Macro-History. A Theoretical Approach to Comparative World History

Author: Snyder, Lee
Year:1999
Pages:736
ISBN:0-7734-8271-7
978-0-7734-8271-5
Price:379.95
Macro-history is an attempt to create a model of the cultural-historical process that will explain historical change for all societies-civilizations. The proposed model operates in the spirit of the social sciences, not as a philosophy, focused on patterns of change and not some goal or end of history. It was developed as an alternative to the various myths of progress current in the West from Liberalism to Marxism, and should be tested both empirically and theoretically.

Table of Contents

Table of contents:

Part One: Building a Workable Model, Basic Principles

1.History, Queen of the Sciences

2. Constructing a Model: First Step, Choosing the Right Basic Unit: The Culture-System; The Historical Cycle; Periodization of Eastern Culture; The Five Dimensions – Geographical, Economic, Social-Political, Intellectual, Expressive

3. The Sequence of Cycles: Step Two, The Linear Dimension of History: Six Analytical Levels; The Macro-Macro Level Spelled Out; The Macro-Cultural Level; Culture-Systems of the First Era, Second Era, Third Era

4.Beyond Weber and Mumford, A Systems Model for Understanding the History of Cities: The Weberian Model; Physical City vs. Social Community; Open and Closed Systems; Uncontrolled Systems; Controlled System; Three Historical Ideal Types of Cities; Possibility of Cycles

5.The Internal Structure of the Historical Cycle, A Systems Theory Approach: The Black Box, The White Box; Competition among the Sub-Systems; Back to the Historical Cycle

Part Two: The Three Subsystems: The Internal Structure of the Historical Cycle

6.The Political Subsystem, The Structure of Power: Defining the Basic Function or Purpose; The Means – Enforcing Rules; Another Aspect – Institutions and Stratification; The Centralization Types – Structure of the Region; The Density Types – Structure of Power; The Intensity Types – Structure of Political Action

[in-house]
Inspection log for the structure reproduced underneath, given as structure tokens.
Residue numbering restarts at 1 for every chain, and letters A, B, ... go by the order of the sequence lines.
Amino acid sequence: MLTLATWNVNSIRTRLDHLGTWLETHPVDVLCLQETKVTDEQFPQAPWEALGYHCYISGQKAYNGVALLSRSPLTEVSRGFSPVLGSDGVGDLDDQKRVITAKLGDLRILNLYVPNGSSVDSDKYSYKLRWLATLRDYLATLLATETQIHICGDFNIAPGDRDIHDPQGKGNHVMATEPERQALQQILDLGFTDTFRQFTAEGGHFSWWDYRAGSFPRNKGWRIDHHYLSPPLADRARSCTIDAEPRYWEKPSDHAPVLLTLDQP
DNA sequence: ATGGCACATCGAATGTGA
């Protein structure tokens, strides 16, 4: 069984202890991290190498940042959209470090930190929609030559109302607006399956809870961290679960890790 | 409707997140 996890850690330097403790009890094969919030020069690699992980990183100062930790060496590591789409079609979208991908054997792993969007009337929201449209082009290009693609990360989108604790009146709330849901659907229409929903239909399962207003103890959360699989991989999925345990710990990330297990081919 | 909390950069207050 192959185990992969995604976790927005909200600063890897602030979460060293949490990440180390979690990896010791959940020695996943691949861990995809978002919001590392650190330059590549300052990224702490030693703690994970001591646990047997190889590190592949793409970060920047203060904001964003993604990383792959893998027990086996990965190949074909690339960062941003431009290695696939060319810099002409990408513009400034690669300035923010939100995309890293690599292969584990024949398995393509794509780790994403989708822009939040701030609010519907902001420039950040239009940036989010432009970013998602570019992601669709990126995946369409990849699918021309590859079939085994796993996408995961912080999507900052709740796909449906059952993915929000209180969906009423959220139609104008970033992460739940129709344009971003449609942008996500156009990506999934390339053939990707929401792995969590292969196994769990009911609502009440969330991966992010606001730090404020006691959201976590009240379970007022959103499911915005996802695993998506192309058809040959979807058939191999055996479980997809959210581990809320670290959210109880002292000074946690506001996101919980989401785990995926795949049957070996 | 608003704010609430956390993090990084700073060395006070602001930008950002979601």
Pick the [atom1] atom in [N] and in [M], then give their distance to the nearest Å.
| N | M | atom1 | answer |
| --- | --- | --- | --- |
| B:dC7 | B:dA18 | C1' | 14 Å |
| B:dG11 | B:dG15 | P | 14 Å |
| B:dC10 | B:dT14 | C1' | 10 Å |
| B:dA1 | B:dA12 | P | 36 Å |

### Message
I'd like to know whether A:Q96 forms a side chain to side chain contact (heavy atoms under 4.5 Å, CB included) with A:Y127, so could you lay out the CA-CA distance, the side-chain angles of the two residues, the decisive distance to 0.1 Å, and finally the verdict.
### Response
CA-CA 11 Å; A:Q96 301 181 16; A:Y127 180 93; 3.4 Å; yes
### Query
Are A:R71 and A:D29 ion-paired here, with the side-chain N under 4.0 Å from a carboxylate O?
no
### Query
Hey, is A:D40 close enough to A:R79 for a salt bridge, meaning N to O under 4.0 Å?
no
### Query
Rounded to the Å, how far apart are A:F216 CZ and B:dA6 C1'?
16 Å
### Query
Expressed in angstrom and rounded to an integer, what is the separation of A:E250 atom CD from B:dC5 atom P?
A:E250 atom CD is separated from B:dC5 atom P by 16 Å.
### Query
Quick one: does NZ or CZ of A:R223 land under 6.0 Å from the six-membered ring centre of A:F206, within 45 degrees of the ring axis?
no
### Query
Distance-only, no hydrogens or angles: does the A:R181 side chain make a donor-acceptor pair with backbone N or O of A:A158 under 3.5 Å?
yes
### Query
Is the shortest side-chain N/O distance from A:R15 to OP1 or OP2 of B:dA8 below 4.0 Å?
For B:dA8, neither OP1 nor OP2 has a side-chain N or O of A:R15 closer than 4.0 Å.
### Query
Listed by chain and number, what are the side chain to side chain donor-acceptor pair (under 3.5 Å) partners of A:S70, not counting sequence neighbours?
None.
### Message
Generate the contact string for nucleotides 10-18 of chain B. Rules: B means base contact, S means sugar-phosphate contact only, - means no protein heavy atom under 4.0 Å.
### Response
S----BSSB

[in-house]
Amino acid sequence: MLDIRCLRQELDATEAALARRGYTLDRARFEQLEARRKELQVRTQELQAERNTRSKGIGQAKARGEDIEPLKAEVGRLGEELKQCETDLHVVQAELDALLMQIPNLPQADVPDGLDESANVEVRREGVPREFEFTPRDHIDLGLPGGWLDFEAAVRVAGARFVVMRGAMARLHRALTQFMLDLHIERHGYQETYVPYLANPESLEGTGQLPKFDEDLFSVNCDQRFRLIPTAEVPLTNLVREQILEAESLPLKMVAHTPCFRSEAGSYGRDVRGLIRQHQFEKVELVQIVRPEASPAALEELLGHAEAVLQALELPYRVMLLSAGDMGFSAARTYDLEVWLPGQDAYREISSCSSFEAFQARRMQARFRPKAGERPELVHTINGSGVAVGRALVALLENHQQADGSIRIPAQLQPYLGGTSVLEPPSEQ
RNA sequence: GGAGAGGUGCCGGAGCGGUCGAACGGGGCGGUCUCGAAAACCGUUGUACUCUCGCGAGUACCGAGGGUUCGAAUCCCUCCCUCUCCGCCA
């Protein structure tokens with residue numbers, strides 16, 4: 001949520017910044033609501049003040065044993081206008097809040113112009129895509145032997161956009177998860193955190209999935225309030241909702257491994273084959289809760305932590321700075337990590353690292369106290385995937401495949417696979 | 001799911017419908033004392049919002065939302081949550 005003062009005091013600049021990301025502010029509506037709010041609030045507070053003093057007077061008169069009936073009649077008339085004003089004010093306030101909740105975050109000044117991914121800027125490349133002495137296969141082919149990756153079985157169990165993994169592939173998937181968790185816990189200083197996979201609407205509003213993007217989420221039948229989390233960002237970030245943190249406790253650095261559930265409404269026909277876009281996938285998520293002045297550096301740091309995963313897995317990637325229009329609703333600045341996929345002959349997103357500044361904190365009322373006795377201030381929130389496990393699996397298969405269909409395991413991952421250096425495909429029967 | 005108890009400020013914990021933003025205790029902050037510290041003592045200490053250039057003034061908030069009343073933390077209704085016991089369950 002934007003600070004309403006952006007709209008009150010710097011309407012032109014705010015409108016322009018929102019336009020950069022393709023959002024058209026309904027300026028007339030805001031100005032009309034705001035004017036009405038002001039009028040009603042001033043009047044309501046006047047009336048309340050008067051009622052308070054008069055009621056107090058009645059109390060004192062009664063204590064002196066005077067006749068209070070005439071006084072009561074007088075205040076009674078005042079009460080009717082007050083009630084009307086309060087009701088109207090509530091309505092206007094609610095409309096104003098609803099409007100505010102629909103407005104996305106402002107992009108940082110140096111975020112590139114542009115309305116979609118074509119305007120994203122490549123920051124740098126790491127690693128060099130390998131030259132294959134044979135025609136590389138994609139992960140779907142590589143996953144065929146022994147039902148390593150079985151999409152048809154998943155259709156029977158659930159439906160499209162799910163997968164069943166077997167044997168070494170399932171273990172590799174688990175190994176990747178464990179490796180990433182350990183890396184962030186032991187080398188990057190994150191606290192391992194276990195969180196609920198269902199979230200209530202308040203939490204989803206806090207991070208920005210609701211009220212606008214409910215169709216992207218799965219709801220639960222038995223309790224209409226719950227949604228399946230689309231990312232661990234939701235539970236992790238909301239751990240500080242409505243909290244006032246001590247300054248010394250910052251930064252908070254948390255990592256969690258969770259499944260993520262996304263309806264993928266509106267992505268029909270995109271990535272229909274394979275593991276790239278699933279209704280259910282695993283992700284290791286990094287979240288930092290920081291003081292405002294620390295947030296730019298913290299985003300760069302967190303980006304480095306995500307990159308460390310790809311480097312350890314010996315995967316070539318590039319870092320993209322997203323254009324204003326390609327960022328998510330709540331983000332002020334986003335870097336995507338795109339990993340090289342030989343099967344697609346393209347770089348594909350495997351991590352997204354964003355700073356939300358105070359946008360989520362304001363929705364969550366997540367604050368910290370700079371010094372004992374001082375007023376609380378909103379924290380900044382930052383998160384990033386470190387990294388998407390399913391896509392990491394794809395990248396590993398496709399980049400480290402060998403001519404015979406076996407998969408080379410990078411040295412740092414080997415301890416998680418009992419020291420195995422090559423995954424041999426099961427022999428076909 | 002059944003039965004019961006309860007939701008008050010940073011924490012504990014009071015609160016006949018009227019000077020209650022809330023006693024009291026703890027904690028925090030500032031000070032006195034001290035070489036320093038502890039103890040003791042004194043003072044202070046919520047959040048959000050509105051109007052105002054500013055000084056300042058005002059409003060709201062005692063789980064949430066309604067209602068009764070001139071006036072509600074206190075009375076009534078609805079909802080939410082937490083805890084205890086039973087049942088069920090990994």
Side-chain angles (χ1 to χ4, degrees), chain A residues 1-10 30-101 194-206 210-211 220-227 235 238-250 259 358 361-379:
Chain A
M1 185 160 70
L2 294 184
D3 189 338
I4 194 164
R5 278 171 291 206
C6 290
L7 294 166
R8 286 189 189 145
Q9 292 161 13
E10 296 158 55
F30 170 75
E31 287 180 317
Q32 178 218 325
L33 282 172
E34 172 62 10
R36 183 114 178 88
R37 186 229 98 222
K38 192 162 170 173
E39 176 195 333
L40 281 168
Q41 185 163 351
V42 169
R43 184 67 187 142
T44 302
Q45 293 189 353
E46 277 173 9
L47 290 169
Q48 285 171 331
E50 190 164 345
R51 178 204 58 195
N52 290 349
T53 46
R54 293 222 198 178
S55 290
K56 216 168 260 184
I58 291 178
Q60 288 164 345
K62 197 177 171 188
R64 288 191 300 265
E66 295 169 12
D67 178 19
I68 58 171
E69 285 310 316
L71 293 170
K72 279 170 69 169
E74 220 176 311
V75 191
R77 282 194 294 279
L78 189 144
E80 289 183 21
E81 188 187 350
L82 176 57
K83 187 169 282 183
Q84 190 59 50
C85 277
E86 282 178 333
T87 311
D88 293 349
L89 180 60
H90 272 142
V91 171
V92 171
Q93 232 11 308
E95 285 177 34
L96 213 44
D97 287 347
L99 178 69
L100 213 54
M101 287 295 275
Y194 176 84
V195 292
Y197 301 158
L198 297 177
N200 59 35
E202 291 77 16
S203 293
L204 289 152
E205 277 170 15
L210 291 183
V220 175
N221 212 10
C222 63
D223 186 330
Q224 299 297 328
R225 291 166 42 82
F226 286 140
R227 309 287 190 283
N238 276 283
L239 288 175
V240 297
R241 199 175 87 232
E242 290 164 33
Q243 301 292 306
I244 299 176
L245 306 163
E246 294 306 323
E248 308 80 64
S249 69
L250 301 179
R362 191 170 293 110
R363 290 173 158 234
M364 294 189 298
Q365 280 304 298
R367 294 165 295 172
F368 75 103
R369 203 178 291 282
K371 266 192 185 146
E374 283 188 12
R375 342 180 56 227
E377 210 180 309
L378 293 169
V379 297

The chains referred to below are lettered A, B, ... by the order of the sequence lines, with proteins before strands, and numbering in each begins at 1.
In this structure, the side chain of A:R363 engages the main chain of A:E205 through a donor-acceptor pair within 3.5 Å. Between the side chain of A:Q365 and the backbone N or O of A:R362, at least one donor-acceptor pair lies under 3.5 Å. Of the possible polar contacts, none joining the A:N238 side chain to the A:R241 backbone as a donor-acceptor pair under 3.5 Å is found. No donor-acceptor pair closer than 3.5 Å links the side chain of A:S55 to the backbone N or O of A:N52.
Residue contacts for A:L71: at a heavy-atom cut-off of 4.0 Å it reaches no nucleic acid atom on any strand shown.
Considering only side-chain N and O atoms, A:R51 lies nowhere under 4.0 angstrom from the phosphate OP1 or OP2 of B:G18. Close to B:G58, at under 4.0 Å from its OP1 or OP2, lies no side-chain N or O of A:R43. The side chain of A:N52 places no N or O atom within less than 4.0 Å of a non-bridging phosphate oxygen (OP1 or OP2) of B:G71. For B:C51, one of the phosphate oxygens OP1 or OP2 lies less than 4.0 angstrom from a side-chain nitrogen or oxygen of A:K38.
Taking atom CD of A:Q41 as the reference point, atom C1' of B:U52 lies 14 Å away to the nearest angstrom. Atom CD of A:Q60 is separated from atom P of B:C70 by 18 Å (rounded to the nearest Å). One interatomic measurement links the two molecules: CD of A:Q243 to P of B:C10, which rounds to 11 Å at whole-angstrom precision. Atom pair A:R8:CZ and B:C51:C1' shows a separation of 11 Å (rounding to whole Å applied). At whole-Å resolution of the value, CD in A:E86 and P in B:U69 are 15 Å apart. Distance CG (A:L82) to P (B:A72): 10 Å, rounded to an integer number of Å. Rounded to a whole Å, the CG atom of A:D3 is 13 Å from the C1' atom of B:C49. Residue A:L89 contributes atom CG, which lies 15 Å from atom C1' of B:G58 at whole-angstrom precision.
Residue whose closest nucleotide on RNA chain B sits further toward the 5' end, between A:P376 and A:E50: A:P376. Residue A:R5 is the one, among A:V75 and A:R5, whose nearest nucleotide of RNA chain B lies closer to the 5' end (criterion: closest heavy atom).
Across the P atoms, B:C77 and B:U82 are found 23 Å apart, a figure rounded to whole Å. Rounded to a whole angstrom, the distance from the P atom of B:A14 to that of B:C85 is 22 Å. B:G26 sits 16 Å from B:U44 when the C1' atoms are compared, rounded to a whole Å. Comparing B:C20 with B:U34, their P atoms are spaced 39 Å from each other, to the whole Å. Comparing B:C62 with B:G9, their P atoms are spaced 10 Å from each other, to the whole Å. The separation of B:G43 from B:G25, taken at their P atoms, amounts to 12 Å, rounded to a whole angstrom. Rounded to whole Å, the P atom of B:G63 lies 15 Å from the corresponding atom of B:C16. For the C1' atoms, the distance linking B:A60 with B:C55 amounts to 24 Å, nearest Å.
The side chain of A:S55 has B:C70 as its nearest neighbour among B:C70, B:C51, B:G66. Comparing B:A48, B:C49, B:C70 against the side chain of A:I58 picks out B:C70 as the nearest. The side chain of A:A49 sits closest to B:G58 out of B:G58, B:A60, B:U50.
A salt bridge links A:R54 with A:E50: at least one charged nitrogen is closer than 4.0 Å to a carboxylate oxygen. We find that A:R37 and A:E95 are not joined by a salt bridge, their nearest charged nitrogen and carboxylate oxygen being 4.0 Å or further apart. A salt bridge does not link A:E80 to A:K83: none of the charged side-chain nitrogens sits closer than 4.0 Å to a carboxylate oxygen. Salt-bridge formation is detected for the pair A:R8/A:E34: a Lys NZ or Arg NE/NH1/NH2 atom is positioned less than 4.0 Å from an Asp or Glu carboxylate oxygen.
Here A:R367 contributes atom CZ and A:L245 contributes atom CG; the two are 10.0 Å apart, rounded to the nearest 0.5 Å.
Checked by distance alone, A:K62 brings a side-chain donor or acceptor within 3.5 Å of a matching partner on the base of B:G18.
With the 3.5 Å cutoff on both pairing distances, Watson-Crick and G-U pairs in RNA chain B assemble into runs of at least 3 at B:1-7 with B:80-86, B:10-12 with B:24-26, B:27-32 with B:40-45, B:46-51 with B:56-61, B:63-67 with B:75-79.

7.The Economic Sub-System, The Distribution of Wealth: Production, Distribution Systems;Control Mechanisms; Investment Strategies

8.The Cultural Sub-System, Maintaining and Revising the Map: Basic Functions, Preliminary Considerations; 5 Levels of Information Processing; The Organizing Structure, Mapping – The Symbolic Structure of Culture; The Seven master Myths; Legitimizing and Elite Formation; The Informational Level – 3 Strategies; The Micro-Social Level – Constructing Disciplines; The Macro-Social Level – Legal Systems; The Artificial Environment; Shaping the Larger Culture-System; Structure of the Cultural Dialogue – 3 Cosmologies; An Illustration – The Western Tradition

9.Space and Time: The Geographical and Historical Environments: Geographical Environment; Landscape, The Cultural View of Nature; The Historical Environment; Intercultural Trade; Diffusion and Cultural Identity; War and Peace – The Political Sub-System and the Historical Environment; Intercivilizational Wars; Frontier Wars; Civil Wars

Part Three: Culture and the Individual

10.Art and Identity, Interactions with the Artificial Environment: Principles Defining the Artificial Environment; Artificial Environment and the Three Sub-Systems; Cultural Sub-System and the World of Art; Art and the Three Strategies; Typologies of the Arts; Arts and the Historical Cycle.

11.Internal Environment: Plato Was Right, Education and the Individual: Success and the Three Sub-Systems; Plato and Proper Education; Three Age Levels Reconsidered; Education and the Three Strategies; Three Methods of Teaching; Debate about Happiness and Self-fulfillment; History of Western Educational Thought

12.The Creative Self, The Individual as an Independent Complex System: the Black Box – the Self in Relationship to its Environments; The White Box – Internal Structure of the Self

13.The Fourth Level, Historical Innovation and the Inner Quest: The First Level of Innovation; The Religious Quest; Returning to the Culture-System

14.Conclusions: Why Study History?: Summary of Our Model; Macro-History as a Research Project; What about the Future?

Bibliography, Index